Honeymoon begins for old YMCA owners

Published 12:44am Saturday, March 10, 2012

It’s always easy to criticize. Trust us, we’ve done it quite often in this space, but we’ve worked to ensure that our criticism has a solid foundation and provides a means to an end.

When it comes to the editorials we’ve penned relating to the old YMCA building, its owner and previous owners, those responsible and those who should be held responsible, our main goal was to push those involved to find a solution — once and for all.

For far too long the building sat crumbling as city leaders, historical preservationists, church leaders and private business people bounced the issue of the building’s condition back and forth in a terrible game of architectural tennis.

One side would blame the other while the other side would quickly return the blame.

And all along, the only loser in this game was the building and Selma’s history.

Now, the building has new owners as the Selma-Dallas Historic Preservation Society has completed its purchase of the building from Tom Bolton.

The transaction was completed recently and now the group, who had longed complained about Bolton’s ownership, now has the responsibility.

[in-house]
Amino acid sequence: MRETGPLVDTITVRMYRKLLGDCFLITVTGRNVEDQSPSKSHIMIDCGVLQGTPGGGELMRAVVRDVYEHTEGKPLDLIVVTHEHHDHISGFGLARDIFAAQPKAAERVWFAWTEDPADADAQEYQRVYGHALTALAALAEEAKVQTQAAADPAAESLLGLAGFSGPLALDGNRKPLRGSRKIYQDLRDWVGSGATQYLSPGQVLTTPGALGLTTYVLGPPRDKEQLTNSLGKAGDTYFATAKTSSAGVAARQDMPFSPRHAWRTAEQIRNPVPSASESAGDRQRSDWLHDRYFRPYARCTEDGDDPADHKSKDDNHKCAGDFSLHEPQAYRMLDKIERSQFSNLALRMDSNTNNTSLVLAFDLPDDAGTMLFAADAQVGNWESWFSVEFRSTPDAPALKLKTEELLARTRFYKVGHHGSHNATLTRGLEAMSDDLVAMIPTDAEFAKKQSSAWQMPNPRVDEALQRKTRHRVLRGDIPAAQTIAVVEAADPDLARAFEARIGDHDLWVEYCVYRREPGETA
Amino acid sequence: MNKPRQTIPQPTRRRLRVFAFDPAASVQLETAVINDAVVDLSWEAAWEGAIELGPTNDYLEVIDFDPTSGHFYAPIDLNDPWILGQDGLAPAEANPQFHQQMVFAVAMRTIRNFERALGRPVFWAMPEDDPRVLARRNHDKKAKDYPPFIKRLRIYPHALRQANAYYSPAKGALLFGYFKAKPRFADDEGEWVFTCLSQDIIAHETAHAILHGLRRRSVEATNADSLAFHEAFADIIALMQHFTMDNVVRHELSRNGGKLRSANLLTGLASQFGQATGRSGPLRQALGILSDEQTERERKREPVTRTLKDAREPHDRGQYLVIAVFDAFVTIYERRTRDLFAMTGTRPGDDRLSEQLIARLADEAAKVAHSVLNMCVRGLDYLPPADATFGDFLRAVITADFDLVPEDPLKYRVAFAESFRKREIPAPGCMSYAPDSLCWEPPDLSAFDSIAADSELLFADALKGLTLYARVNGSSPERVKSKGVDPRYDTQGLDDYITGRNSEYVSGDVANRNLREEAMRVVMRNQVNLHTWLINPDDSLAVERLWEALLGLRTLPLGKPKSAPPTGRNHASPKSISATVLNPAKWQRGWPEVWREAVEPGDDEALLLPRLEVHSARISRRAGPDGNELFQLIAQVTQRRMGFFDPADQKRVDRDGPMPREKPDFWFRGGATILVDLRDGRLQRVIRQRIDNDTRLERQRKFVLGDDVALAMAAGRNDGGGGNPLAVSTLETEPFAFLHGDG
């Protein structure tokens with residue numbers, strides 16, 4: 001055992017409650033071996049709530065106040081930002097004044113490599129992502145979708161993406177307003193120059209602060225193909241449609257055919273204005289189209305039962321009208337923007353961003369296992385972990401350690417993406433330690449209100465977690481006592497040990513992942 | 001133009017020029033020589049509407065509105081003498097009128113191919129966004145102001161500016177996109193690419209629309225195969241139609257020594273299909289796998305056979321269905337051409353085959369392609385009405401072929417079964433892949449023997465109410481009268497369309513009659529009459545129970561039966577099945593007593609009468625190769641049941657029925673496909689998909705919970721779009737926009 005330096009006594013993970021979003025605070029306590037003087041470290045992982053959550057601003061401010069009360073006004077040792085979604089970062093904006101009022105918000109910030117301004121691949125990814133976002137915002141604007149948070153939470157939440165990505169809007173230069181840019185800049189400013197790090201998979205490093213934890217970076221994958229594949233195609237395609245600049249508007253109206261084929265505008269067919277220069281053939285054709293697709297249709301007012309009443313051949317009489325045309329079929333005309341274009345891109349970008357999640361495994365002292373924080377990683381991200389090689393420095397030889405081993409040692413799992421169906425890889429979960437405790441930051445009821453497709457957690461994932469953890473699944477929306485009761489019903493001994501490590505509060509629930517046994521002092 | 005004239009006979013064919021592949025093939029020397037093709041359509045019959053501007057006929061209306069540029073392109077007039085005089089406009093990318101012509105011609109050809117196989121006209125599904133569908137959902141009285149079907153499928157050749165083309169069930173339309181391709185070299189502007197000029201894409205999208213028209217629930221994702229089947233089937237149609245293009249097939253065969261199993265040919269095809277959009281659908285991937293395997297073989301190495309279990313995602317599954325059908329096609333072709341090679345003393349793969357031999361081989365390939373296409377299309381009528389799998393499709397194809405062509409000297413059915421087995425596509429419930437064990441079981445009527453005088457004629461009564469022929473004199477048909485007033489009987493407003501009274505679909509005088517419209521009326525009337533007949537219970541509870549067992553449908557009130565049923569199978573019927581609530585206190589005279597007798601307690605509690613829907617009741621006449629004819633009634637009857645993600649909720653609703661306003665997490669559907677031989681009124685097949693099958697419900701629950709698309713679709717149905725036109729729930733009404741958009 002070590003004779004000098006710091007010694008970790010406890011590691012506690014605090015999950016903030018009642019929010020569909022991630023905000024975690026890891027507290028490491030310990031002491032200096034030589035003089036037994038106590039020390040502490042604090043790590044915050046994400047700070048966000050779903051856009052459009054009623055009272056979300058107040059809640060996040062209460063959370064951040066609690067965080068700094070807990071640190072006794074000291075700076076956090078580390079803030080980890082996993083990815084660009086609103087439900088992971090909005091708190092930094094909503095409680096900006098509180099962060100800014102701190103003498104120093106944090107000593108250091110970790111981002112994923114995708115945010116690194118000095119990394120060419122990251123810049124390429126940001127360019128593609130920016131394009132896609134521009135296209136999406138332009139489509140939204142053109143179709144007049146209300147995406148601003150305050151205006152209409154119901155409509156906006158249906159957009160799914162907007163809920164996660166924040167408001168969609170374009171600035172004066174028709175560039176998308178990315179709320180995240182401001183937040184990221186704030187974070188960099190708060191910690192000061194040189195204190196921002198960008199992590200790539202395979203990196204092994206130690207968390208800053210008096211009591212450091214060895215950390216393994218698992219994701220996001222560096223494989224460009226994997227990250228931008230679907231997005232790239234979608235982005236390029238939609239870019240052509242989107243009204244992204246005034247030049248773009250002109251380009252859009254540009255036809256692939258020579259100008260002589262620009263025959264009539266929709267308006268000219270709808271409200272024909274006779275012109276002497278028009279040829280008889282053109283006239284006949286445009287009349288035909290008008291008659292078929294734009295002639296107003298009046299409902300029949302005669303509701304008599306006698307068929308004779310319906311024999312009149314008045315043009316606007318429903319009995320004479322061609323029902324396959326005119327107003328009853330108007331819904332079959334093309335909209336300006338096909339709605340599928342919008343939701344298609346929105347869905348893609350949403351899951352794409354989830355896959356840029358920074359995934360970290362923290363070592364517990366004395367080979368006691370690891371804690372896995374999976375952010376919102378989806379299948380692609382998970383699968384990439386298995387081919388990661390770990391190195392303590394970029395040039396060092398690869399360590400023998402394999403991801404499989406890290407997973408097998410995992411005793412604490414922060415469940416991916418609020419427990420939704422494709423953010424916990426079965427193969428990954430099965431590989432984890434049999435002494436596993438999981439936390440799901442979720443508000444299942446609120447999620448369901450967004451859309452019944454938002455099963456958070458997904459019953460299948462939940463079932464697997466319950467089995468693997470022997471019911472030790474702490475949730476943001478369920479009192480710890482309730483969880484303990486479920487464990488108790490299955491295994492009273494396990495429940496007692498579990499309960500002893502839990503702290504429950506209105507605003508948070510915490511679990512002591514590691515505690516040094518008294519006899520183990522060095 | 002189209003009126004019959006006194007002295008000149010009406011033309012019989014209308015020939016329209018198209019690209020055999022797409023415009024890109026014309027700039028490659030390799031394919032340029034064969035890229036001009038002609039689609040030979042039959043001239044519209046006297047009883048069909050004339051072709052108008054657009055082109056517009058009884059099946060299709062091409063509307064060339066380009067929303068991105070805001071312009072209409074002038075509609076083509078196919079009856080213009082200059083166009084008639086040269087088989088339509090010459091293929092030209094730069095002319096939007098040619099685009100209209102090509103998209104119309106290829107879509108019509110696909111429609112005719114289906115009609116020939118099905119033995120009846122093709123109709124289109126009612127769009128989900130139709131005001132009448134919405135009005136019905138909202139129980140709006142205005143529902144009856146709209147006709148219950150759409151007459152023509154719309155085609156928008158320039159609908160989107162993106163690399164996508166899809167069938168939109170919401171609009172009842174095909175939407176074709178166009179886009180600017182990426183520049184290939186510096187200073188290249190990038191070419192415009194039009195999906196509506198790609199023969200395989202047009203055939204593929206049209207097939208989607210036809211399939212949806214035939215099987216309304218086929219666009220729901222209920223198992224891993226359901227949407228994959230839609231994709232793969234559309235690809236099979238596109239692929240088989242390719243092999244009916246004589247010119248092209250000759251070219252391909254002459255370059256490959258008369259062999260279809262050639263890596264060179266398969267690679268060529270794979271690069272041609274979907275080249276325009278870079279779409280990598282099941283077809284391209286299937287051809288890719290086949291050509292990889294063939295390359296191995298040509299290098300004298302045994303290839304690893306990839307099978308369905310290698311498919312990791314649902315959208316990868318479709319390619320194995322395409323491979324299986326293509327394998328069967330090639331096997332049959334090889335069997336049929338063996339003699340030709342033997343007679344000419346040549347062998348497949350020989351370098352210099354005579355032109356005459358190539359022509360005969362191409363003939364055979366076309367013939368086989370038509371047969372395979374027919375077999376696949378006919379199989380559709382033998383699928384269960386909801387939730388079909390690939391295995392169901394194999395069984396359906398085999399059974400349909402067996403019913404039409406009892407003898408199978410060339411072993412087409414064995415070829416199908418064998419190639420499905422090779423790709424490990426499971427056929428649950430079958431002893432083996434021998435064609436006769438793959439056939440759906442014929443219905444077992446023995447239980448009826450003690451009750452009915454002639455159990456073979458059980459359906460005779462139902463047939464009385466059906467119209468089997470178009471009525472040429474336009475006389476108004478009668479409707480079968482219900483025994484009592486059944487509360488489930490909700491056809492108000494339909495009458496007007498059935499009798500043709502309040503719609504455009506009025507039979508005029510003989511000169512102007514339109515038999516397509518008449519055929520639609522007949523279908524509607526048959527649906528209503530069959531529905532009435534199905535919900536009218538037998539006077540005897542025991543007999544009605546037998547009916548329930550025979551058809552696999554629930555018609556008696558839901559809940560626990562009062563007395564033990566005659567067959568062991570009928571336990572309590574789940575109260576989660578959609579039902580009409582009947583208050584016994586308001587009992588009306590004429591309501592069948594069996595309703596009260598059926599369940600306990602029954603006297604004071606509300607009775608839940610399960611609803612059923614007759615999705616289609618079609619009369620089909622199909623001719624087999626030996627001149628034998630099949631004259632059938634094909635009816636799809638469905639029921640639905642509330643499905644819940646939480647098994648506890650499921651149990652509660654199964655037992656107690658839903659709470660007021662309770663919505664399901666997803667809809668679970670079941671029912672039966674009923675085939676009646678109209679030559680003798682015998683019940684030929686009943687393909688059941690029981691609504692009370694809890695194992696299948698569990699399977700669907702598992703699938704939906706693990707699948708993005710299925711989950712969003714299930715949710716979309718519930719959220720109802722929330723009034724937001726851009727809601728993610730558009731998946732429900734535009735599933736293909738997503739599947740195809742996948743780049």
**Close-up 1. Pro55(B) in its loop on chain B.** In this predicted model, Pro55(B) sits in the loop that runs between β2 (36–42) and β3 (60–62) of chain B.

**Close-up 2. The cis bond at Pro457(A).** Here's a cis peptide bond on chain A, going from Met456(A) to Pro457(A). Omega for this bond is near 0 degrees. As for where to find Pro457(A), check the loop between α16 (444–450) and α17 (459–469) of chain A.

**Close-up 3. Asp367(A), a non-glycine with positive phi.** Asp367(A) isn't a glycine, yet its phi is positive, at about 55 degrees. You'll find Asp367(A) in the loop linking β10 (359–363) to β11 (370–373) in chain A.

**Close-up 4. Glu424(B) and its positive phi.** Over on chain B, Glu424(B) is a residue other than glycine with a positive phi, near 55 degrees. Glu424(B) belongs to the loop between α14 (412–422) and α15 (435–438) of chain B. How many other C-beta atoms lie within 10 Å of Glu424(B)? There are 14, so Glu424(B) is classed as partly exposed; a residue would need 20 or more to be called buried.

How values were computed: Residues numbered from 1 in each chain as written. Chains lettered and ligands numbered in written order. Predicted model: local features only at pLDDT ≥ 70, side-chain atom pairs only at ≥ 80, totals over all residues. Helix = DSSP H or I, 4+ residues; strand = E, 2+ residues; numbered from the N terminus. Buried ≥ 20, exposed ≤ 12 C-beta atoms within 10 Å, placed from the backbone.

Let’s see what they can do with it.

As we have said many times, those who own historic buildings have more than a bank note that comes with the building, they have a note — a mortgage — with the community.

They have a responsibility to preserve and protect the architectural history in Selma.

And, unfortunately, as we have seen, that responsibility is a burden far too heavy to carry for some.

There are buildings that have owners who have neither the want nor the ability to protect the historical jewels they are responsible for.

We cannot afford to lose our history. We cannot afford to idly sit by and continue to play games with the history we hold so dear.

We applaud the society for its purchase, and look forward to seeing what it accomplishes.

  • johncoon

    Hey Pops — You have a lots of energy and great ideas. Lots of places here for volunteer service where you could make a great contribution and difference for your hometown. The beach would be only four hours away. Just saying………..

    • popdukes12

      JC: I’ll be home shortly after spring break. I’ll send you an IM on FB. I’ve only been able to get one city ordinance revamped through the Selma City Council over the winter and see a lot of work that needs to be done. pops

  • nancybennett

    After more than 10 years of requests to the City of Selma to enforce their codes, rules, regulations and ordinances (especially within the Historic Districts) and, after more than 10 years of correspondence with First Baptist Church in regard to the original YMCA property, The Selma-Dallas County Historic Preservation Society now owns the YMCA building. $48,000.00 was paid to Mr. Tom Bolton for this property.